Doomed Youth by Wilfred Owen is a poem which I read recently, in which the author conveys horror’s of death in World War 1. The author‘s use of technique’s is quite effective. His use of the sonnet form, word choice, juxtaposition, irony and figurative language creates a strong image of the tragedy lack of respect for the young soldier’s dying at war. Anthem For Doomed Youth is one of best known World War poem’s because of the way in the Octet, Wilfred translates the horror and tragedy of the war and the struggling fight for funeral rites for the young dead soldiers.
The title is one of the effective technique’s that the author use’s. It’s the way the tile conveys a strong contrast in the imagination of the reader. “Anthem For Doomed Youth. ” The connotations of the word “Anthem” creates a very positive theme for the poem. We, In our minds, would probably link the word Anthem to praise, time of celebration or in a church with the national anthem which ties in with the War. Owen contrast’s “Anthem” with “Doomed Youth” to show the bitterness and horrific time of the war and the death of the young soldiers.
The juxtaposition of the poems title is the contrast between the “Doomed” and “Youth”. This is an extreme contrast as “Youth” we consider as a life not yet lived and celebrating the future not yet been discovered, yet the celebrating “Youth” are “Doomed”. “Doomed” suggests no hope and the likely hood of the soldier’s not returning. The way the author uses the contrast to give the reader a taste of the bitter irony theme to the poem, Another contrast straight away in the poem is the form of the poem which gives’s strong contrast with the theme.
Throughout these two poems “Eros” is revealed to the reader in two very different perspectives. The first poem by Robert Bridges portrays to the reader that Eros is a true god and that when it comes to love man is the one who suffers. In the second poem by Anne Stevenson, Eros is shown as a beat on and a miserable person who suffers from love. The concept of the first poem is evident ...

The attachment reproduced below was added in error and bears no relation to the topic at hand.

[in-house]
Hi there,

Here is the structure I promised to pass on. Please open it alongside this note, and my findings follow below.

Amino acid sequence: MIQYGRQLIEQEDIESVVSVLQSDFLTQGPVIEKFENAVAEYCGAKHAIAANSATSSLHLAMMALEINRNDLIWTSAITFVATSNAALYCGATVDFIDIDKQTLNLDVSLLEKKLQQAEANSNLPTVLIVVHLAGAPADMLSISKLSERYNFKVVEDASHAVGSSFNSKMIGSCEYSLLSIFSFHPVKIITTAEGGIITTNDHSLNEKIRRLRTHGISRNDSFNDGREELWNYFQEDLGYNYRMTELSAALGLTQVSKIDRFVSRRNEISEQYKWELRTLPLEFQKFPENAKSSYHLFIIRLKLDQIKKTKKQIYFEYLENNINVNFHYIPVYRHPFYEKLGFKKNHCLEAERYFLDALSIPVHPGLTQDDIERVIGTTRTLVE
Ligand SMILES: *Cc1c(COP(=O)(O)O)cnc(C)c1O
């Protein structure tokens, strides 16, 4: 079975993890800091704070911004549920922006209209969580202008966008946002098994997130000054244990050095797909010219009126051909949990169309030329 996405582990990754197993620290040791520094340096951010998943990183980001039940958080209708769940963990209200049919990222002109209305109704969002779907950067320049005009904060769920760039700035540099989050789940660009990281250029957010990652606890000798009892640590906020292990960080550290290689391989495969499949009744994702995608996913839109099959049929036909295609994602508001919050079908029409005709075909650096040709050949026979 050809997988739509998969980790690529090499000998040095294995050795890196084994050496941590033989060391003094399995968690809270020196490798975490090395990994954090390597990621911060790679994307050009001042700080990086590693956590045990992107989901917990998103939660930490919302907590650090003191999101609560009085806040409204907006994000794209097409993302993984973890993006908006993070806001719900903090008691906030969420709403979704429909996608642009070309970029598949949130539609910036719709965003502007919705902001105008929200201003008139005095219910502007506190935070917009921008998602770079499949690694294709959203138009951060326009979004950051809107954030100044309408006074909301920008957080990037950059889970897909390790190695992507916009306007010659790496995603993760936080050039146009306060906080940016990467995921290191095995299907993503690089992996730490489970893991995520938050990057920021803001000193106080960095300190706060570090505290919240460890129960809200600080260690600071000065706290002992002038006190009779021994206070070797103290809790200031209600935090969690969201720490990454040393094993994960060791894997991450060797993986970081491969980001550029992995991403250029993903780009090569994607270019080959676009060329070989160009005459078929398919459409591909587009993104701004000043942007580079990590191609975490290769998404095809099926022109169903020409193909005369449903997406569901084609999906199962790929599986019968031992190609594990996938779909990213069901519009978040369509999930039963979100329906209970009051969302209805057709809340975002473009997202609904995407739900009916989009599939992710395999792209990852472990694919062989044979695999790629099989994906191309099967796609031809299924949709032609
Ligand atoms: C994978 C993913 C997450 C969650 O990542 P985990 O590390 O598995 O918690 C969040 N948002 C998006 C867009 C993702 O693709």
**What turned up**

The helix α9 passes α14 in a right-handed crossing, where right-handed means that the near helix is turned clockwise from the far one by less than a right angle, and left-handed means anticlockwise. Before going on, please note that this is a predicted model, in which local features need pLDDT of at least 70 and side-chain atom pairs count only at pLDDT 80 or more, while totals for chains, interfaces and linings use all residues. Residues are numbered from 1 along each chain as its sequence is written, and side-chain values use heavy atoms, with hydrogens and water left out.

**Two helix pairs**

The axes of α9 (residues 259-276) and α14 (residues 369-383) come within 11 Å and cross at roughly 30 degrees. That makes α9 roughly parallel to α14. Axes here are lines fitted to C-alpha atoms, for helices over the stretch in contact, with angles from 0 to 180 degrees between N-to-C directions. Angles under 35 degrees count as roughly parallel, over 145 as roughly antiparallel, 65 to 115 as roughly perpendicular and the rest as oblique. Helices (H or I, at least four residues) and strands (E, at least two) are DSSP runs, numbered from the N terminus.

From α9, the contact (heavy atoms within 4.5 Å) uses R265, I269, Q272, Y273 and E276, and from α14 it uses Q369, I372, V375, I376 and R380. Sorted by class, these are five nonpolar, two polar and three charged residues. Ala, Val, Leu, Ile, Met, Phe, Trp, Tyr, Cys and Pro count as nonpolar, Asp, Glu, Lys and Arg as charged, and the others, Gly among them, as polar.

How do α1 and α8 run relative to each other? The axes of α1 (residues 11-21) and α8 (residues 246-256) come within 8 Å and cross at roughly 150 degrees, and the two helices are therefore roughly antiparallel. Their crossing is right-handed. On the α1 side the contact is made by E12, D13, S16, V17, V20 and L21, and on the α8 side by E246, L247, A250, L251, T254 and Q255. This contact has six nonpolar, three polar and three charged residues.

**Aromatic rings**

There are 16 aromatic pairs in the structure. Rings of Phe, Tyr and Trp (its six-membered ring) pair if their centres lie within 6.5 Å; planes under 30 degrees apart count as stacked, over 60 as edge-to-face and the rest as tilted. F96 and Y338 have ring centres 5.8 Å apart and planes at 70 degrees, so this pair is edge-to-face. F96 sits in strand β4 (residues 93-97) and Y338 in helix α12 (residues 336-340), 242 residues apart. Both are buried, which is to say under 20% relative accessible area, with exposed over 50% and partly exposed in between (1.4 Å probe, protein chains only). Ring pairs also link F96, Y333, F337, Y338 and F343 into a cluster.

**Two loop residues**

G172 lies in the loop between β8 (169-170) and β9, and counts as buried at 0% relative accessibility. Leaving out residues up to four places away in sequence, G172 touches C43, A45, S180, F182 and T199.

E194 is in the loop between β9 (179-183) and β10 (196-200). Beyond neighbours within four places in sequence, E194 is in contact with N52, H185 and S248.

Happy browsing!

Owen starts to write in the sonnet form which is usually used to write a poem of phrase or love. There is not only a contrast between the form and the content of the poem but he also contrasts the form and the title. The form and the title is quite ironic because Owen writes about the death and loss of the war in a form of which is used for admiration of the soldiers are war. By using this technique’s Owen conveys a sense of pity on those who are in favour of the “Supposedly Glorious War. ”
The start of the poem is the octet which opens with a rhetorical question. What passing bells for those who die as cattle? ” The theme of death is brought into the poem with the words “Passing Bells” which refers to a bell tolled after someone’s death to announce the death to the world. There is a further simile with the words “who die as cattle” finishes the question and make’s you link the dying soldier’s of the World War to animal’s in a field. The simile consist a image of the cattle being led away in a herd to be brought to there death and that links with the soldier’s being led to war in large number’s to probably to suffer from a horrendous death.
Sound imagery is introduced through the use of the words “Passing bells”, this continues through-out the octet. Owen answers the question by replacing sounds of church bell’s for funeral of the young soldier’s with the sound of guns and war . “Only the monstrous anger of the guns Only the stuttering rifles rapid rattle Can patter out their hasty orisons. ” Owen uses personification to create the sound of the guns over throws the sound of the funeral church bells. The effective word choice helps to convey the idea of the guns over powering the church bells.